Anne-Marie Saint-John, Alva, Long Island City, NY >
In the U.S alone, there are now over 12.3 million businesses that are owned by women. Collectively, these businesses are responsible for generating over , and 40% of all companies in the U.S. are women-owned. We have 114% more female entrepreneurs than we did 20 years ago.
On paper, it all looks pretty good, right?
However, these numbers only tell a small part of a much bigger story. Sadly, the challenges faced by women in business are vastly different from those of their male counterparts. Combine this with the glaring gender pay gap results for 2020 that indicate that women earn 82 cents for every dollar earned by men in like-for-like roles, and you are still only scratching the surface of a major issue that exists not just here in the U.S. but also internationally.
#1 Access to Funding
Raising capital for a business venture is tough enough, but when you are a woman, it gets all the more challenging. Key findings in a report issued by Babson College were published after a deep analysis was conducted into U.S. venture capital investment in females over a 15-year period. This 2014 study found that only 3.2% of the businesses that received VC funds had female CEOs.
Ironically, this gap comes in spite of the fact that female-owned businesses perform just as well as or even better than those with male CEOs. To quote the exact figures from this report
– “Businesses with a woman on the executive team are more likely to have higher valuations at both first and last funding (64 percent higher and 49 percent higher, respectively).” 
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Despite the fact that women are known to owe and spend less, they still have a tougher time due to having lower credit scores than their male counterparts. Credit unions, banks, and other lending institutions use the credit scoring system as a key metric when deciding whether or not to approve a loan application. , around 20% of Americans have either a perfect or near-perfect credit score. To reduce their risk, banks typically only loan funds to those in this “perfect or near-perfect” bracket.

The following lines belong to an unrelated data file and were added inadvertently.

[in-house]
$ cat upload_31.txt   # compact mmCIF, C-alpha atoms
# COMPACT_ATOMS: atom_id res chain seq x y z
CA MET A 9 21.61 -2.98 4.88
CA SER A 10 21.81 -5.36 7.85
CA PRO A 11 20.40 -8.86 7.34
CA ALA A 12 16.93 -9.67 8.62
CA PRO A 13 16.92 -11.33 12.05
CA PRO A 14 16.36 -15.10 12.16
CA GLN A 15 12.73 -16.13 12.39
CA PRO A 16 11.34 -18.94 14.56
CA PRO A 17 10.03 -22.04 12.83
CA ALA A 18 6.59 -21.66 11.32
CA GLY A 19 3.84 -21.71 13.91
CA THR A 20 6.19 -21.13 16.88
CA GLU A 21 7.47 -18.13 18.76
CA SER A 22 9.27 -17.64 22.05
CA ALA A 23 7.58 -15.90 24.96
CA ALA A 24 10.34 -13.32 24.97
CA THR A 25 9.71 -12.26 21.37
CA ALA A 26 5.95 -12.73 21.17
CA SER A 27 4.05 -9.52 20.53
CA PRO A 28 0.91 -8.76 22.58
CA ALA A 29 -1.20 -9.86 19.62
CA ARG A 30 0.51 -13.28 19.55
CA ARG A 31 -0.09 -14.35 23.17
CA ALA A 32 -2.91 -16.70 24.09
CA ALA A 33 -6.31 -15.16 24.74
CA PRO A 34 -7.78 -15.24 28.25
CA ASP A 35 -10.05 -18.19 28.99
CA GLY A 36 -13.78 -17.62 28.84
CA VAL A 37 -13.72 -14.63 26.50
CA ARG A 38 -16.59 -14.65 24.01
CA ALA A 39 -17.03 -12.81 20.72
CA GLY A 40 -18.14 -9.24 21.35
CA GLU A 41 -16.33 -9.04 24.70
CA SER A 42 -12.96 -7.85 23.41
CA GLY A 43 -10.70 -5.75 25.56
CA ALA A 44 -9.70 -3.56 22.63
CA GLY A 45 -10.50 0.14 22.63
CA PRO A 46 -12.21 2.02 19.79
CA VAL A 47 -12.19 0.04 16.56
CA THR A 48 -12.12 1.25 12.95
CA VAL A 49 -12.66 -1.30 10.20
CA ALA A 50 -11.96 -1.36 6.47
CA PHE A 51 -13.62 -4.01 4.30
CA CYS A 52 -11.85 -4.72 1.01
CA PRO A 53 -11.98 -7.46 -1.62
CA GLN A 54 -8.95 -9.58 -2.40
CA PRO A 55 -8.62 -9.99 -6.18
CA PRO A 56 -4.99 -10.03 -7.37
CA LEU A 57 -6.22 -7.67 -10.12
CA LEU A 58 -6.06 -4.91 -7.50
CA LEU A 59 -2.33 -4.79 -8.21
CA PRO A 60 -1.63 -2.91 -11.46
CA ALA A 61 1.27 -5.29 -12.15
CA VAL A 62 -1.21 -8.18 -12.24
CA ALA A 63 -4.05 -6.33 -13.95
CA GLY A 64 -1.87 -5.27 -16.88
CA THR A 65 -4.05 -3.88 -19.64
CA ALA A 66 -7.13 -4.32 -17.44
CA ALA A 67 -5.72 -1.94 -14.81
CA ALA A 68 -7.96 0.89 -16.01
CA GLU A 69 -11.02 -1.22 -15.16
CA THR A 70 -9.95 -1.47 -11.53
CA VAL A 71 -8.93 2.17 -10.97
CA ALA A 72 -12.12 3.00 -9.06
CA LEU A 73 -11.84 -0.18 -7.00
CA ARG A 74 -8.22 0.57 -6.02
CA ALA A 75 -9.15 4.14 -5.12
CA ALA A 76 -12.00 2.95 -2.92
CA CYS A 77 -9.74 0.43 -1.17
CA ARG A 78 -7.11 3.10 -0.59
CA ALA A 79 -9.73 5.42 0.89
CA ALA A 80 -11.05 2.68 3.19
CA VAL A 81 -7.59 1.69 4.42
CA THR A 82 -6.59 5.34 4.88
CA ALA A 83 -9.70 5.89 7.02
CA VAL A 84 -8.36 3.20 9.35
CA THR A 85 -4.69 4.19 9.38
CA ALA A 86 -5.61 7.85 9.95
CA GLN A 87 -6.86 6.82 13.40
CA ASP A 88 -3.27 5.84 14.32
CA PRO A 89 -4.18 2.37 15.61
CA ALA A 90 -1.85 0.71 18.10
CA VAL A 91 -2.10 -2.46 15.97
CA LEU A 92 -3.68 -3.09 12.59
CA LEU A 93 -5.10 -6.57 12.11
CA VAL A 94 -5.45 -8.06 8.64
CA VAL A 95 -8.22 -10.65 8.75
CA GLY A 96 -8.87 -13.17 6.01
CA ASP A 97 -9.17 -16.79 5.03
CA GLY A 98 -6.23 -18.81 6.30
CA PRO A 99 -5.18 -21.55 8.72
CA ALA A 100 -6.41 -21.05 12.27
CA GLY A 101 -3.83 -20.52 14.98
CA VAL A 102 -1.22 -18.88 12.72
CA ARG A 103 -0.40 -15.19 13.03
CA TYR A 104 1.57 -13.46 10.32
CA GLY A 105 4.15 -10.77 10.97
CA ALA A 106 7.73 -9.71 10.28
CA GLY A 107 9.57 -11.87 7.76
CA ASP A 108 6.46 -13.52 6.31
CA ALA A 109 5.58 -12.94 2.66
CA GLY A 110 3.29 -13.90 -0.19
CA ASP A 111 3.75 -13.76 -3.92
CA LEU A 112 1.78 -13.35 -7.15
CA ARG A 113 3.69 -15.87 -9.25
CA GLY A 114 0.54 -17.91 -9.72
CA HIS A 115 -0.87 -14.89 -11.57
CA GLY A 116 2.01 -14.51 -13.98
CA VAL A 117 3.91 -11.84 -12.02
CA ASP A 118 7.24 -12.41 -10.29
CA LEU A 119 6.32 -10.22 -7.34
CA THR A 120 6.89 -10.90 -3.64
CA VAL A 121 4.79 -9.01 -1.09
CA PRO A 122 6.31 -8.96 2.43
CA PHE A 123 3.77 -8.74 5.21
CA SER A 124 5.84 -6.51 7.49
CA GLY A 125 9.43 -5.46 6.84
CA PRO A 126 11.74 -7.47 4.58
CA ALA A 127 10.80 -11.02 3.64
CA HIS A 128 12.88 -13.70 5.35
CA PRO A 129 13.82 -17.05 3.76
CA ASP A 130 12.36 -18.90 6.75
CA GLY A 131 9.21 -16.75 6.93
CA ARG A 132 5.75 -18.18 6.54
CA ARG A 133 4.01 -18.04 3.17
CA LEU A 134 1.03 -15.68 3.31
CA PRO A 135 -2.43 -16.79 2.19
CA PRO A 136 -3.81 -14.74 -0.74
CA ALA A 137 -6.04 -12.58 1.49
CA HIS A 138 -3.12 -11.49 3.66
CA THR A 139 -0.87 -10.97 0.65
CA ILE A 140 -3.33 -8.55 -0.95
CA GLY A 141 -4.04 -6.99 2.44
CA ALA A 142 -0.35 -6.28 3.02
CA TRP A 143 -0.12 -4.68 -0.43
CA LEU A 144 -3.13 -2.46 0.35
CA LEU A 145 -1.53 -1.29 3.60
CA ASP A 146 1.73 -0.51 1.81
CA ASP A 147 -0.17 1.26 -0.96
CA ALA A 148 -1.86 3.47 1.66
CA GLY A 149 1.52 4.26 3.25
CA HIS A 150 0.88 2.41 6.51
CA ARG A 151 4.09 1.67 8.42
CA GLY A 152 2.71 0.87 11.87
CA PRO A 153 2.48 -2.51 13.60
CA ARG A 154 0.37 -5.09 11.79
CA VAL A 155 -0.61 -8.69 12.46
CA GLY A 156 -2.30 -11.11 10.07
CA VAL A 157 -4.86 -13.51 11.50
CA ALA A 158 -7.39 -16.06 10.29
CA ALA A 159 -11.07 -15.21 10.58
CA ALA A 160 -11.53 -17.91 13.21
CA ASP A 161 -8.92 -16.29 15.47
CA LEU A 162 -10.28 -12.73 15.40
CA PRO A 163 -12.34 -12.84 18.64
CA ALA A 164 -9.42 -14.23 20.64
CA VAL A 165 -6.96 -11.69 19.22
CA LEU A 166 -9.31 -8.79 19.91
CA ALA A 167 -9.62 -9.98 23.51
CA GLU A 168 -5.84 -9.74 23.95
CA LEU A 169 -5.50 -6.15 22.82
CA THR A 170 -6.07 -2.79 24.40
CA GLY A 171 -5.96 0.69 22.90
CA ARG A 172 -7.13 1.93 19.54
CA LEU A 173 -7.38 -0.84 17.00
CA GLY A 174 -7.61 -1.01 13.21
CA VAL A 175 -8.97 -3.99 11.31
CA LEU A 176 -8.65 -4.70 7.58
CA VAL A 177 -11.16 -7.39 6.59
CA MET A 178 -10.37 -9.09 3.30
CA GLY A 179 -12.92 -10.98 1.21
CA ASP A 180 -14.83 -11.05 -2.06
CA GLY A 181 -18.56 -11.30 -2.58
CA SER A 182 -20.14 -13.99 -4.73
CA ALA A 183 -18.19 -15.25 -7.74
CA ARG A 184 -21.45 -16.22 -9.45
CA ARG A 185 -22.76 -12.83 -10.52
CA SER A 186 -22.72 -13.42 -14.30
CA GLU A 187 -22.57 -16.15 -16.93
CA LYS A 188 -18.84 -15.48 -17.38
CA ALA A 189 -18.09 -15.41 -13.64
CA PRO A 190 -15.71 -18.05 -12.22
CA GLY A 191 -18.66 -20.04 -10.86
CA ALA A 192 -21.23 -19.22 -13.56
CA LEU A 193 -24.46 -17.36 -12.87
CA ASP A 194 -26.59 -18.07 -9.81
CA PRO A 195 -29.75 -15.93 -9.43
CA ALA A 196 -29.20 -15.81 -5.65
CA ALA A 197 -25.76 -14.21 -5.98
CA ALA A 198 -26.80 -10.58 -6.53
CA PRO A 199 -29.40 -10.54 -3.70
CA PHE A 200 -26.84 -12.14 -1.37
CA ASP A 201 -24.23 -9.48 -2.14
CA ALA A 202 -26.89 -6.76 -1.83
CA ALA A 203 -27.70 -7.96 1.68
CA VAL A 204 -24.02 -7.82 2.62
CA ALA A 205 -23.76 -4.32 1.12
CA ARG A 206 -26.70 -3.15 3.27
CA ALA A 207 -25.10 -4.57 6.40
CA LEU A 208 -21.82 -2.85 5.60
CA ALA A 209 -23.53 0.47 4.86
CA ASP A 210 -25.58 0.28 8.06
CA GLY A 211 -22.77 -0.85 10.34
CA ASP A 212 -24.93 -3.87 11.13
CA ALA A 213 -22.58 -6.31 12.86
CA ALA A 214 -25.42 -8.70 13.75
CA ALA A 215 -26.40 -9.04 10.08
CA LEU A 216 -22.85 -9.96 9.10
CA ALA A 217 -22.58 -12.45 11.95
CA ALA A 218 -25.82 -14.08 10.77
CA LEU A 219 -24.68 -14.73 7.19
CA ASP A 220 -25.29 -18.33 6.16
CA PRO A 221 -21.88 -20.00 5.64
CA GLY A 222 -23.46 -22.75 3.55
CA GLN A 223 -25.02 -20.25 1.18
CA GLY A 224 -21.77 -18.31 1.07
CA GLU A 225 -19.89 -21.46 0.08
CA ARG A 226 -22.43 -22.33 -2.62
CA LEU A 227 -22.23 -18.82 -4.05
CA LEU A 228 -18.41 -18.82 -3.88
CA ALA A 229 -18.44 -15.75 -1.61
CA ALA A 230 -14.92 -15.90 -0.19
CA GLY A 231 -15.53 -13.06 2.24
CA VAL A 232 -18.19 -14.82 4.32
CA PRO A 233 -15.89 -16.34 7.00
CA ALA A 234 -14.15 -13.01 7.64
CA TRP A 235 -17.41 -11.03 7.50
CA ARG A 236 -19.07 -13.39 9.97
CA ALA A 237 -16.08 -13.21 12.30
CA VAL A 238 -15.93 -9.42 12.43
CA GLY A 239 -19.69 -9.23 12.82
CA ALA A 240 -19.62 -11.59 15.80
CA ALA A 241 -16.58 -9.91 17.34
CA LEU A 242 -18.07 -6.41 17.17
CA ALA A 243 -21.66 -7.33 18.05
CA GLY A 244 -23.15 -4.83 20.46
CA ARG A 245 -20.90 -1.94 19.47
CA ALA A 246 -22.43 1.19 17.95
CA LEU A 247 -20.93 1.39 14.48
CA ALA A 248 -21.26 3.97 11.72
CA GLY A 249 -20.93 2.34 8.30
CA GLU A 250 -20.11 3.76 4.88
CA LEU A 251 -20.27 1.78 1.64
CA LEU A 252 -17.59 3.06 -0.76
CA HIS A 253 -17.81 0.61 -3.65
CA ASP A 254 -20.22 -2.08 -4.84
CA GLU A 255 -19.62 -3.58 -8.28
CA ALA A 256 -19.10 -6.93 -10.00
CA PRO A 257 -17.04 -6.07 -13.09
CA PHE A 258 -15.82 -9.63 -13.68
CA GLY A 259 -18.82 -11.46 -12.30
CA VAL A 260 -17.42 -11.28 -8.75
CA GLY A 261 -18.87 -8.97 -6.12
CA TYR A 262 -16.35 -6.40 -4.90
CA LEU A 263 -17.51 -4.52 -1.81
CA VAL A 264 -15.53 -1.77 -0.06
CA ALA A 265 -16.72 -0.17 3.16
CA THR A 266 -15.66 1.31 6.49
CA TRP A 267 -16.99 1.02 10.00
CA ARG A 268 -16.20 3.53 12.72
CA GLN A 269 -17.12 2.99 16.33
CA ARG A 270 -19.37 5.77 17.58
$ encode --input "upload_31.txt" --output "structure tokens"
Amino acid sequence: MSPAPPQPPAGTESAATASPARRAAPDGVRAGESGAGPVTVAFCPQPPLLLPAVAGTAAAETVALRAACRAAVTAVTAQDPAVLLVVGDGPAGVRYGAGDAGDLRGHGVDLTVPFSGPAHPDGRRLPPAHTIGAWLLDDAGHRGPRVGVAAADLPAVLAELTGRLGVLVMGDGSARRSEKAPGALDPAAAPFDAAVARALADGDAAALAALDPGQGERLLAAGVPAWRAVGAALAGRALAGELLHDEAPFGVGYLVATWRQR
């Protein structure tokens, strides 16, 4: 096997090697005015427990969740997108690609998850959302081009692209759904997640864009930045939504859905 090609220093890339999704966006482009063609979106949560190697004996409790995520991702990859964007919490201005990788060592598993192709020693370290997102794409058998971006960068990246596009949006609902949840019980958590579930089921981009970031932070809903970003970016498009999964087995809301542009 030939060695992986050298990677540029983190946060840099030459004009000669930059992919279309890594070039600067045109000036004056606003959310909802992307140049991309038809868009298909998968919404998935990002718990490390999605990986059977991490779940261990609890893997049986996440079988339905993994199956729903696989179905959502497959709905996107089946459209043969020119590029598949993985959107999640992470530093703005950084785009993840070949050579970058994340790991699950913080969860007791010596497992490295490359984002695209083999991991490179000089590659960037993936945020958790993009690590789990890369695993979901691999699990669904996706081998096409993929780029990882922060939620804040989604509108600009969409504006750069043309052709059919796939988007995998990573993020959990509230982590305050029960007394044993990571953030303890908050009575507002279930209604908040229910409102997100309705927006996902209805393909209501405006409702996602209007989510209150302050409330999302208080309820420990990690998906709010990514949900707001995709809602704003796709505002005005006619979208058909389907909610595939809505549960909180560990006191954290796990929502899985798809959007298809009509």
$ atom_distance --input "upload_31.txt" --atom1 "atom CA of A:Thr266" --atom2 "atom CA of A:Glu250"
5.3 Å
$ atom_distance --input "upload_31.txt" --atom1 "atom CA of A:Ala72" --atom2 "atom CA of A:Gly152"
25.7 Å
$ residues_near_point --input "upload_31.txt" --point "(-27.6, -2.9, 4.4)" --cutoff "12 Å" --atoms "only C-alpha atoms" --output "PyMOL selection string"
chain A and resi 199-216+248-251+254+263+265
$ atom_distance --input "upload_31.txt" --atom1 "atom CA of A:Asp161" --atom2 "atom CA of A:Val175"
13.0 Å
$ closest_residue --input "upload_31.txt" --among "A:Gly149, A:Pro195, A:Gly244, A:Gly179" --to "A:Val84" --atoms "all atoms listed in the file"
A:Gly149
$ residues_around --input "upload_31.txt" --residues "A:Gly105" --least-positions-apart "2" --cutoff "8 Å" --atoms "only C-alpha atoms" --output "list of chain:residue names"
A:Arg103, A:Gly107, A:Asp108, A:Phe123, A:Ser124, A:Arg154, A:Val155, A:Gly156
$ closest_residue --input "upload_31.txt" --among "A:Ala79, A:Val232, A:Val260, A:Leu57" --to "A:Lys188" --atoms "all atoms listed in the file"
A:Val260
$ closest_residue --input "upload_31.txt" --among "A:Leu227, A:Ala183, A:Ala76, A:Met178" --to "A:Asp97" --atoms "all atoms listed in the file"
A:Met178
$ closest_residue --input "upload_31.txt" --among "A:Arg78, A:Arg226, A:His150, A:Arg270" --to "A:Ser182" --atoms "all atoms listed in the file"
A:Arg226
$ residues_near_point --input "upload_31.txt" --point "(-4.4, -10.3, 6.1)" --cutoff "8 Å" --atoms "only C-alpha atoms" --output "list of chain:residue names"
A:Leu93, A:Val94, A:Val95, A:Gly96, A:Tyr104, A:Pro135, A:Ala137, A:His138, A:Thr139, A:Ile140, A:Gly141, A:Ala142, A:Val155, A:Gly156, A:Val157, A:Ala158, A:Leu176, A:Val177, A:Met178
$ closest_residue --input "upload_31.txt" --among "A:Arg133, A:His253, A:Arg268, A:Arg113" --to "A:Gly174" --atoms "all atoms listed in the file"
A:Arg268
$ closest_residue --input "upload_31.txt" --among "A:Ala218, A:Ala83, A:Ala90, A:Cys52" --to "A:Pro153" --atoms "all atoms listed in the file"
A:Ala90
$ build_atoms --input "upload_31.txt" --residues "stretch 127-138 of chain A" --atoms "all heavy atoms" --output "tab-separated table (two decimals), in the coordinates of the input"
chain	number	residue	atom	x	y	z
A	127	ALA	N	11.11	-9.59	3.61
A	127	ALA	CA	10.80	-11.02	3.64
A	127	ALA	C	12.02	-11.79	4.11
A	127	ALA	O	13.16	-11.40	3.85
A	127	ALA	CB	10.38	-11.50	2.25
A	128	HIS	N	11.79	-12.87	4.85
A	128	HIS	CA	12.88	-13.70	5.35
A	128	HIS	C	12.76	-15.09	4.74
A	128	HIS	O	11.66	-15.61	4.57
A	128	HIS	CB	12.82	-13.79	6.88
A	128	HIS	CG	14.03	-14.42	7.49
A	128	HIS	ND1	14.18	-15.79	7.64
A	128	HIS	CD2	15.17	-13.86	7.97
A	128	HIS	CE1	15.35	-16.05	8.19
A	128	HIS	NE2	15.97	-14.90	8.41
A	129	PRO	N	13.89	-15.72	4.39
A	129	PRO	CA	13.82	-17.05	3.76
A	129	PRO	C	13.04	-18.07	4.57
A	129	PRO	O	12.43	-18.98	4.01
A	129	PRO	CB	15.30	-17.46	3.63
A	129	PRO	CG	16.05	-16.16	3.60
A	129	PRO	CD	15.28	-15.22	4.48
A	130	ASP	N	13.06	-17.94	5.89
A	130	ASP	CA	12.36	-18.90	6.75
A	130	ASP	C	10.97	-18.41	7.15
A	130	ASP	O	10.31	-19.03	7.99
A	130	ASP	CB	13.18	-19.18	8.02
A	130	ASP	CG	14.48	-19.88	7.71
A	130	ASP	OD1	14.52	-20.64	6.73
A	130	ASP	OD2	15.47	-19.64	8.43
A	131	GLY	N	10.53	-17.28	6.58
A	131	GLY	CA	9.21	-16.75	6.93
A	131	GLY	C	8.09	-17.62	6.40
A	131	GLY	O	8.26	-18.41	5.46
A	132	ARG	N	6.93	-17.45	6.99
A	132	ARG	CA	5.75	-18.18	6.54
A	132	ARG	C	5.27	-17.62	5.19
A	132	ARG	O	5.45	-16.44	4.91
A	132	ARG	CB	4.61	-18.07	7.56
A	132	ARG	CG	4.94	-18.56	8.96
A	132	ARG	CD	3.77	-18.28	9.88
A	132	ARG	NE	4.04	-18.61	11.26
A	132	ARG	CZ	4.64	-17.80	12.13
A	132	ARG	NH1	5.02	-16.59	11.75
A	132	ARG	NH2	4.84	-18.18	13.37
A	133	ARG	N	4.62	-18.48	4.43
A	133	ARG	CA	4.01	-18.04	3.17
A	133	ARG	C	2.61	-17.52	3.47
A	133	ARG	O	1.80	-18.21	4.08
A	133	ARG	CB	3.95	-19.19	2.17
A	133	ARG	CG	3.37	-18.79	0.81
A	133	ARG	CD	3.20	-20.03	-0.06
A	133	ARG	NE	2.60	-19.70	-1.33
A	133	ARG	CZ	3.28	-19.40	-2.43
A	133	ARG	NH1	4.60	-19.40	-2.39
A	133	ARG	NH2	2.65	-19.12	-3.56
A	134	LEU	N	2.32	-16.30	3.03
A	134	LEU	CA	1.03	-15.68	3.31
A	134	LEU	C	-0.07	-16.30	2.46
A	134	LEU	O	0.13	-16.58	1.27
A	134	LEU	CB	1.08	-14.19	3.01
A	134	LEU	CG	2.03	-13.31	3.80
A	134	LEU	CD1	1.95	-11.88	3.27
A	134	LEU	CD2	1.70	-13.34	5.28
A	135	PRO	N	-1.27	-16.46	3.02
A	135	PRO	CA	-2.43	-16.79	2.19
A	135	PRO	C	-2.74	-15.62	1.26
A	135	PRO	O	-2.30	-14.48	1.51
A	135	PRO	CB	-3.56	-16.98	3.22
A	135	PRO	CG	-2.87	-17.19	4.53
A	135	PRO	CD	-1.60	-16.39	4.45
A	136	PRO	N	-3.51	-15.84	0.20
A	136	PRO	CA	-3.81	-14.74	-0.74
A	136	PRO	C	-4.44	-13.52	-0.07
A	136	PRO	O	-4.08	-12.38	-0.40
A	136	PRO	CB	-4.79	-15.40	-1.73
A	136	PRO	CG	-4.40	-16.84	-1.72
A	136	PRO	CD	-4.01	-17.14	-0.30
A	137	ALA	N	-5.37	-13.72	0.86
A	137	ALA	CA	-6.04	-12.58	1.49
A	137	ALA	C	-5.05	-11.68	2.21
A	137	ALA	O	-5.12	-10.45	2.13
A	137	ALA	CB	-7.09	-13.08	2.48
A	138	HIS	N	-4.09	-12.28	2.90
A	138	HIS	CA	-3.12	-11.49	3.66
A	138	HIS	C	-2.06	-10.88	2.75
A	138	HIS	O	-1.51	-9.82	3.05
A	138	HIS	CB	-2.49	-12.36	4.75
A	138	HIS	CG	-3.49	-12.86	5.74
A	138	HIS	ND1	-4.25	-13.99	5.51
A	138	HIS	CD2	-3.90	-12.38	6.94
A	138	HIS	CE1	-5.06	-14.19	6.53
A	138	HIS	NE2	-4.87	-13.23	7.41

Consider a typical family situation in which all of the household bills are paid and loans are granted under the husband’s name. The wife obtains little to no debt or credit in her own name. As a result, the female adult of the household often has a low credit score, despite potentially being the manager of the money for the home and keeping everything on track.
Despite the figures we’ve already highlighted, women do have a tougher time in terms of being taken as seriously as men. According to a recent survey on hired.com, over 65% of women feel they still face discrimination at work. The same student found that in 6 out of 10 cases, men were offered a higher salary than women for the same role. Although the pay gap is slowing closing, virtually 100% of all businesses owned by women are classified as small businesses. While there are successful female CEOs, almost all women-owned businesses are considered small.
A recent article in the Harvard Business Review speaks plainly on why women have a hard time being taken seriously; it’s called the work/family narrative.
“an unfortunate but inevitable ‘truth’—that goes something like this: High-level jobs require extremely long hours, women’s devotion to family makes it impossible for them to put in those hours, and their careers suffer as a result.”
Here’s why another person feels women in business still aren’t being taken seriously.
“Women are going to have kids and not want to work, or they are going to have kids and might want to work but won’t want to travel every week and live the lifestyle that consulting requires, of 60- or 70-hour weeks.”
If a business has not been operational for at least two years, then banks will not usually approve funding. There are exceptions, and the SBA loan program is one. Usually, you need a verifiable history in business. Women who have been raising a family and managing a household rarely have the same in-depth exposure to the business world as their male partners.
The venture capital system is failing female entrepreneurs who seek financing for businesses. Another HBR article describes how this bias is preventing funds from being allocated to the best business opportunities. Following a host of failed ICOs that were deemed to be high-profile, it is now thought that in order to get better VC results and outcomes, the bias against female entrepreneurs needs to end.
We couldn’t agree more.